It is not impossible. As an example, in my home country Sweden, we used to have a racist name for one of our favourite chocolate pastries. When times moved on and everyday racism became unacceptable, we decided to change the name of the pastry. While there was some resistance with random outcries: “It’s always been called like that; why should we change our history; it is not like we mean it in a racist way”, Sweden stood strong and made the changes and moved on. Now, (most of) my generation can’t believe this was even debatable back in the day. Why can’t we feel the same way about sexism in (bike) language? Haven’t sick riders like Casey Brown, Anne-Caro, Rachel Atherton, Tracy Moseley and many more shown that you don’t actually need “balls” to go big?

“I’d much rather be a pussy”

Like a famous comedian recently said on his show: “I’d be a pussy over a penis any day. A penis breaks just by sitting on it wrong. A pussy can push a human being out of itself and then go back to normal”. And whether or not the saying comes from the word pussycat or vagina doesn’t really matter, because whether or not you believe you use it in a “non-sexist” way, there is no such thing. The expression will always connect femininity with weakness, and we should just stop using it altogether.

I feel sad that some men have to use these terms in order to feel strong and manly, and equally so when some women have to diminish their own gender in order to feel cool and “part of the gang” and use those words too. We don’t need more oppression in this world; rather, we need to start making people feel valued and appreciated. Again, it starts with something as easy as thinking twice about what we say.

It starts with you, and me.

I am not saying that I am perfect. I have also said these things, not thinking twice about what it actually meant. Just a few weeks ago a 9-year old picture popped up on Facebook of me wearing a t-shirt saying “Hanna Man-Up Jonsson”, a text I’d written on myself. It has taken me a long time to fade out the sexism in my own vocabulary and I still mess up, but I correct myself, just like I correct people around me when they say something sexist. If we don’t start making each other aware, how will we turn it around and stop saying these things?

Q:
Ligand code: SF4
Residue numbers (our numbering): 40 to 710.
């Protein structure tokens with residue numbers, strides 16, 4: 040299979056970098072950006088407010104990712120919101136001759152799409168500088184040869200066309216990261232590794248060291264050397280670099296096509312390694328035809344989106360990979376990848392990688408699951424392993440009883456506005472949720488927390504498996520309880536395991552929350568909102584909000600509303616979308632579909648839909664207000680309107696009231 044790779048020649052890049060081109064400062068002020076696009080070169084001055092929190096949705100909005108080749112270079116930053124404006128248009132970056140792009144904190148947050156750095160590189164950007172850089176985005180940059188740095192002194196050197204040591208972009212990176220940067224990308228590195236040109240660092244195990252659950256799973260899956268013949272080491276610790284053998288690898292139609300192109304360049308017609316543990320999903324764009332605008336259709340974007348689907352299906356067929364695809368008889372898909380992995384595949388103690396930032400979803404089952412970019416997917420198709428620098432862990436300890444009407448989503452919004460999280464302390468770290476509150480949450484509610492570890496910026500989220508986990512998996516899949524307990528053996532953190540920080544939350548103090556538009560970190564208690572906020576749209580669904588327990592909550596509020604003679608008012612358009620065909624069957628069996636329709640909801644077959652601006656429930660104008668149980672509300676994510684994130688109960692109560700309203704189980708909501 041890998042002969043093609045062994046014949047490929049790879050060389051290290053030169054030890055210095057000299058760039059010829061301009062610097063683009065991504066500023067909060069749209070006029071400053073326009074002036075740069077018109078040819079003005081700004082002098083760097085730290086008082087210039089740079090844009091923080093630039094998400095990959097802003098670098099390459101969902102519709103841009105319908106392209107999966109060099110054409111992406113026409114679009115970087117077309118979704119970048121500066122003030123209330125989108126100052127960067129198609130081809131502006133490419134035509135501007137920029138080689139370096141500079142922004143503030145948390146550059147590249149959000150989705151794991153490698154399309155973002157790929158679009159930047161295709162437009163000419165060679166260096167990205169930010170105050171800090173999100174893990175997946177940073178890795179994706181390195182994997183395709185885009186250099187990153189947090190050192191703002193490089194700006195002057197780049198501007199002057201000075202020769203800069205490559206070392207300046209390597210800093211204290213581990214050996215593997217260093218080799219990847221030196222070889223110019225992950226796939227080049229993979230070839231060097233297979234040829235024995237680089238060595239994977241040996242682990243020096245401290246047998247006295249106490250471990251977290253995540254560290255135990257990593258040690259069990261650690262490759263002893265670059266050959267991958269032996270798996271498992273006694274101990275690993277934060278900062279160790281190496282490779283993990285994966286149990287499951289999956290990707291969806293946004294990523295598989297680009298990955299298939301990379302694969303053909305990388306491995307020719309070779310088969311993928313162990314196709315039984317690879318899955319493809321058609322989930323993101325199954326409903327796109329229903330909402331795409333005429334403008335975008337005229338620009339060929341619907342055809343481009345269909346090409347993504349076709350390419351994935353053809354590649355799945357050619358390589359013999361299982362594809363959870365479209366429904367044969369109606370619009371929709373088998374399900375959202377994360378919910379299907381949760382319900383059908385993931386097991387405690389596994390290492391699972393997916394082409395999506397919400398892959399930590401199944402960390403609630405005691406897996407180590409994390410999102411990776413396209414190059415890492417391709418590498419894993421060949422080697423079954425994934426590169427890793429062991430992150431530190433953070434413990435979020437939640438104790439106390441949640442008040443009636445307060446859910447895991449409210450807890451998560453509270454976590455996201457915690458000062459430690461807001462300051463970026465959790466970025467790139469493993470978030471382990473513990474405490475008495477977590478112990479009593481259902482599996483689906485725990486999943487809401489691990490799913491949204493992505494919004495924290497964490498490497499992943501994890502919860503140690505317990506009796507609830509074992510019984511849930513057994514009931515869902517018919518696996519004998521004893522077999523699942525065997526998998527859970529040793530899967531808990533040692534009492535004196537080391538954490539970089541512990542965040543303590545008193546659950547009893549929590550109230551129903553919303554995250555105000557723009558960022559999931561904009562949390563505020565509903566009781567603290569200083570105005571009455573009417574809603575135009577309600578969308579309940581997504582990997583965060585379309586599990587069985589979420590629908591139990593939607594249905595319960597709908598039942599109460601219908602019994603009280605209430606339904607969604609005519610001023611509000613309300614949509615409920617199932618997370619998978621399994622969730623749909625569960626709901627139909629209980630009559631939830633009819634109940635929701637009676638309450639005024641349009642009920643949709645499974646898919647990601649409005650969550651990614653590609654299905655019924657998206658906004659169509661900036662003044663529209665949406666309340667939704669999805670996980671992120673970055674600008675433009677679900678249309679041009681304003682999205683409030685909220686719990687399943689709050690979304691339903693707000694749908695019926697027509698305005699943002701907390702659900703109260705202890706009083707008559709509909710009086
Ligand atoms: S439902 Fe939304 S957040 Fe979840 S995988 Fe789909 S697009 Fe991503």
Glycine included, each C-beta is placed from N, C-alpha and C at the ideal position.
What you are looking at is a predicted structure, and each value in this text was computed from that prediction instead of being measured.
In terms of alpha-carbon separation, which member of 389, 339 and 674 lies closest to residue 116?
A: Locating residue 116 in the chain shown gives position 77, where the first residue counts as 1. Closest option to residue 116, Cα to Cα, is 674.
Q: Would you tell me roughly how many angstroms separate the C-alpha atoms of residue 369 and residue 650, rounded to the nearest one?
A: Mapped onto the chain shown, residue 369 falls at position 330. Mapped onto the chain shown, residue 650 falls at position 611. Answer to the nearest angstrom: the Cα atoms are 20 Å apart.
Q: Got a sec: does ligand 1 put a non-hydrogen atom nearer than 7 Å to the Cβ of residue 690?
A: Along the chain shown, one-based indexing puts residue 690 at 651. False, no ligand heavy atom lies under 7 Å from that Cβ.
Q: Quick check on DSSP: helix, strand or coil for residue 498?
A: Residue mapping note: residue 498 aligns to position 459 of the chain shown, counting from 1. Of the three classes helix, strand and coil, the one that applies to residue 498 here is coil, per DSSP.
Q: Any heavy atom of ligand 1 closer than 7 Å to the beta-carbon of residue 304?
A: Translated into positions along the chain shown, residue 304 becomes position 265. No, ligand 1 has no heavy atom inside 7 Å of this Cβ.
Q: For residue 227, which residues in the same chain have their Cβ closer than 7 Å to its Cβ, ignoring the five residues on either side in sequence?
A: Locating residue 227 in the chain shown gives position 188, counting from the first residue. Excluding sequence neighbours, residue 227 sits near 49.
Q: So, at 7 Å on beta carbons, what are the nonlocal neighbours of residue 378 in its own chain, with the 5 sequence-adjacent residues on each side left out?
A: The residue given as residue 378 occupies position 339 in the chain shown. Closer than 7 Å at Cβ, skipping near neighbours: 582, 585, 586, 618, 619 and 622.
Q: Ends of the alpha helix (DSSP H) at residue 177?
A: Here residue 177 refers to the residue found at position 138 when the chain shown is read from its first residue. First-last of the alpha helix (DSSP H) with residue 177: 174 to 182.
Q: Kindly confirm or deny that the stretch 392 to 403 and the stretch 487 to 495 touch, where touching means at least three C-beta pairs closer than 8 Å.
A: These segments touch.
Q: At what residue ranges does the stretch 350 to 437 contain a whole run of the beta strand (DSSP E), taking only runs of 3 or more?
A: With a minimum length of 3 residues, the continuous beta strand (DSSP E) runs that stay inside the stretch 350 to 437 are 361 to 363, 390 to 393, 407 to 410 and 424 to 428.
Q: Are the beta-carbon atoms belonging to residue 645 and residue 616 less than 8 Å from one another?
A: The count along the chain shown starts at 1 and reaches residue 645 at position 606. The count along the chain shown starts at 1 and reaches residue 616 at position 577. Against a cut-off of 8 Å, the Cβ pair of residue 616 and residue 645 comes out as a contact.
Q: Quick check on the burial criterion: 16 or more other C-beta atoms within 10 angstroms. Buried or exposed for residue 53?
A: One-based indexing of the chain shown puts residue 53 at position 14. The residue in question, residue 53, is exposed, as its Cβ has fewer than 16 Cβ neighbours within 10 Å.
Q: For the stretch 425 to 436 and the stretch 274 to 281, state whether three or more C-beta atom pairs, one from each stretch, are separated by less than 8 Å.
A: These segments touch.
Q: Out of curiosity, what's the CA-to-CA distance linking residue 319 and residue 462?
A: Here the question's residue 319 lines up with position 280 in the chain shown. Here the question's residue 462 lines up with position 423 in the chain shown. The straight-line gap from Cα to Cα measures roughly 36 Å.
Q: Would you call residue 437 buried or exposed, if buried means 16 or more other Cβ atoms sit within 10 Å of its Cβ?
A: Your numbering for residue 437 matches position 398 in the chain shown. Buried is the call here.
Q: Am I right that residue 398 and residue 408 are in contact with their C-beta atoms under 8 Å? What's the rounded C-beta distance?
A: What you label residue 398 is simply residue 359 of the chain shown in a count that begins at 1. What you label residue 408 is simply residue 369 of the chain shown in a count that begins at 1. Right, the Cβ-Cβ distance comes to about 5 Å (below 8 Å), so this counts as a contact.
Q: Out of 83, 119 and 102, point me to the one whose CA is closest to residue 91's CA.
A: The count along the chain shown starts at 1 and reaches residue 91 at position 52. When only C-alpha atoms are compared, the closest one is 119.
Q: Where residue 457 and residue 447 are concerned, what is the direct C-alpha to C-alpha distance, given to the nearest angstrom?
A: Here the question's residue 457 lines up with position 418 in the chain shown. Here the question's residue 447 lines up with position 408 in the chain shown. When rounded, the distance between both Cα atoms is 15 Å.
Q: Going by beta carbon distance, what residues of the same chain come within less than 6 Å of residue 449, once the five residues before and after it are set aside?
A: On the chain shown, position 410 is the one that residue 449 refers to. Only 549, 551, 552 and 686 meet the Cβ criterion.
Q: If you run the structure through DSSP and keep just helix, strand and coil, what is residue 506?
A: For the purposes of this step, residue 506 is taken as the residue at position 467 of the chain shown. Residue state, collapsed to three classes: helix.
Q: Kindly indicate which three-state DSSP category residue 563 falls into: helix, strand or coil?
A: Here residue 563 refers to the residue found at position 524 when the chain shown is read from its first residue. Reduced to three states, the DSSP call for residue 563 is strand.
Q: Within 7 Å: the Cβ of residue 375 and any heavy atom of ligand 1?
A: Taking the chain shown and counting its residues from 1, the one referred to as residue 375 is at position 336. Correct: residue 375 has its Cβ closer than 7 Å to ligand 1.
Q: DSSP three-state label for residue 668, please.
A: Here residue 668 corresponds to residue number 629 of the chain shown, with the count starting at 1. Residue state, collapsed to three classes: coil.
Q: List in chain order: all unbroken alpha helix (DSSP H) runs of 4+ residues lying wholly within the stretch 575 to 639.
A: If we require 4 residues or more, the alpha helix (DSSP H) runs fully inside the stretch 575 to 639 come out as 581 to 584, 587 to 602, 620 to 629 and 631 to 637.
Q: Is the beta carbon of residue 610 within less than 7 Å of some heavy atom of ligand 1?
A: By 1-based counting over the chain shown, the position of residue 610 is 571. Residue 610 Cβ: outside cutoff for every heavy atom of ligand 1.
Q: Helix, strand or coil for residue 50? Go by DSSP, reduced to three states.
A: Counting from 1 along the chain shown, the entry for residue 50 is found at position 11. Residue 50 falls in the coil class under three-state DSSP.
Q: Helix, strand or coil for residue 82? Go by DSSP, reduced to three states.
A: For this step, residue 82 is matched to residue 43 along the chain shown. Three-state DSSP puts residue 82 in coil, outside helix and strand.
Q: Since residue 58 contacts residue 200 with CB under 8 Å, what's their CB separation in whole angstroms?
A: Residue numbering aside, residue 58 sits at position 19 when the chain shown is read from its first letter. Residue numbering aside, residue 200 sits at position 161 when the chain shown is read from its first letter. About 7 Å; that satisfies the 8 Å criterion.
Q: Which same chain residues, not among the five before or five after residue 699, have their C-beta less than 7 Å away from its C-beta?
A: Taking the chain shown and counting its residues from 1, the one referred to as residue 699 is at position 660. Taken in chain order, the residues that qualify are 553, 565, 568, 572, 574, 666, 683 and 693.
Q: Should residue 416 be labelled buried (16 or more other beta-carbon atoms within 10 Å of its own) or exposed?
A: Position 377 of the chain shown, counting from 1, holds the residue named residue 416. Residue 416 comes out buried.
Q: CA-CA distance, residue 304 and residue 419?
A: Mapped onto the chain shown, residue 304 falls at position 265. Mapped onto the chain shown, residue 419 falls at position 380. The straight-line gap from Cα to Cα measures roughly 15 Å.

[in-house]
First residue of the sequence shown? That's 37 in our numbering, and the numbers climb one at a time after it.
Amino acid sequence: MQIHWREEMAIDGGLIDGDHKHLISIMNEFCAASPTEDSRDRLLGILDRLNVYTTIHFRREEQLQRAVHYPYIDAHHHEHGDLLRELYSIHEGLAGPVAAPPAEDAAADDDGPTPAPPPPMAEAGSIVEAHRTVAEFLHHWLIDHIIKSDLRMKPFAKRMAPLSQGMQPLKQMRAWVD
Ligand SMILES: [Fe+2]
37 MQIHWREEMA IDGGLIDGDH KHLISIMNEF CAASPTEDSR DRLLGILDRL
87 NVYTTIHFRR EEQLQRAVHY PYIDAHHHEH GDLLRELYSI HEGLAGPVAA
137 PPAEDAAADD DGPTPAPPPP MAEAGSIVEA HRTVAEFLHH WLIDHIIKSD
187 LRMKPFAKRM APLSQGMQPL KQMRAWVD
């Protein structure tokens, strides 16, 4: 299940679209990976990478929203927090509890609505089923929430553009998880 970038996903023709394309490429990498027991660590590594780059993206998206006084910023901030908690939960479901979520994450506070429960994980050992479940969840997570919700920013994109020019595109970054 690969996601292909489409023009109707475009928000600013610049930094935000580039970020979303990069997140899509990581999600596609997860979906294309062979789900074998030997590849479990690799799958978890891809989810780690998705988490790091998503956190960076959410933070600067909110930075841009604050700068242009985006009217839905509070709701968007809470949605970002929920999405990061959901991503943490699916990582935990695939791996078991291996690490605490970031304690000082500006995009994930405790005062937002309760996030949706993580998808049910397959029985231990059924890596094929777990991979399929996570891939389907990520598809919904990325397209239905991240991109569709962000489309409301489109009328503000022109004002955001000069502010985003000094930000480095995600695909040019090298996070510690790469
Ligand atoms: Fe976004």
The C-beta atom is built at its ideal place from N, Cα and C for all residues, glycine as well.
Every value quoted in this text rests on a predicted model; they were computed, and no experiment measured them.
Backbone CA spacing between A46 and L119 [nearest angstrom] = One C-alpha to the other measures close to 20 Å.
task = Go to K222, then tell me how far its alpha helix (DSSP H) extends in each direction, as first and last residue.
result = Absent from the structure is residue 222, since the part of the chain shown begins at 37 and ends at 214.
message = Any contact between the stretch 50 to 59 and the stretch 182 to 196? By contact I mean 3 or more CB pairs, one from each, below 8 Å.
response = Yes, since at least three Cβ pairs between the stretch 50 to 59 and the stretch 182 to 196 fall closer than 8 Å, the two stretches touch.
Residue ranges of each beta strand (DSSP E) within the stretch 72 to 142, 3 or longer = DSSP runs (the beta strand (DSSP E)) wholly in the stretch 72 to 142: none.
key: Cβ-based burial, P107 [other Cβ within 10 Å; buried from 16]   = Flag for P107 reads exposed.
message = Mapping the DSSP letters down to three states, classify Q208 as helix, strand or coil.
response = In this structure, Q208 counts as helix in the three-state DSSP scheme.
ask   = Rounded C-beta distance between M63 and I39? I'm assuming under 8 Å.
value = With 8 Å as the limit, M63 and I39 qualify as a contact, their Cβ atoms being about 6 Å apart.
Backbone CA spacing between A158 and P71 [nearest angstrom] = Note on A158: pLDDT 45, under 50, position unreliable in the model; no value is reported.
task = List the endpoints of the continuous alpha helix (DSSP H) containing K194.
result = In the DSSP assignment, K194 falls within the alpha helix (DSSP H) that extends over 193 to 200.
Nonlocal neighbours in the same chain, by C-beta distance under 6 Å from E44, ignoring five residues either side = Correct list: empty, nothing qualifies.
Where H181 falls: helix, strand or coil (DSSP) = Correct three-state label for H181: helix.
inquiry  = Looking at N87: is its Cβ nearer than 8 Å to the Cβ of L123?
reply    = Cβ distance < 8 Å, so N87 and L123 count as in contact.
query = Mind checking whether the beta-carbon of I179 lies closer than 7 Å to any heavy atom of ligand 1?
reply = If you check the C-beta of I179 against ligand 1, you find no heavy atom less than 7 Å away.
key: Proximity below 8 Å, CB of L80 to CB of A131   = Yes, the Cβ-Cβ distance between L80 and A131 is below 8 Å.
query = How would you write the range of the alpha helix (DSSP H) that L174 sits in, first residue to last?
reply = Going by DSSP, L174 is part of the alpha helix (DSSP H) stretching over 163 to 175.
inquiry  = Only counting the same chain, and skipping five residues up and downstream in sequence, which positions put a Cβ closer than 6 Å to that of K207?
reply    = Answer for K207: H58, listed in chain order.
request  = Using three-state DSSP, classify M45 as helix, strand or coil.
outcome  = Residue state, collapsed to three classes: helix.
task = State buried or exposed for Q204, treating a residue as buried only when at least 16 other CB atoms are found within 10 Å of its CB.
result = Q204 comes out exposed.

It has come to the point where my friends now refer to accidental sexist sayings as “Hanna wouldn’t like that”, and I am happy they do, it means I’ve made a difference and that they reflect on it when someone says something sexist. Small steps are big too.

“I can’t believe my grandparents said that.”

We are not going to change the world overnight but in time maybe we can change the beliefs and language of future generations. For example, you know how some grandparents from time to time accidentally slips in the odd racist comment when you’re over for lunch, and you think to yourself how strange it is that racism used to be so acceptable. I hope that one day people will leave their grandparents’ house and say: “Can you believe what grandma and grandpa said? I can’t believe sexism used to be so acceptable”.

Language and the words we use are powerful tools and even the simplest of expressions can have a big influence on our culture and society. By simply changing what you’re saying you can change attitudes and it’s time we changed some of the things we’re saying in mountain biking.

“Don’t be scared”
“I was just being less confident”
“Face it head on”
“Grow some courage ”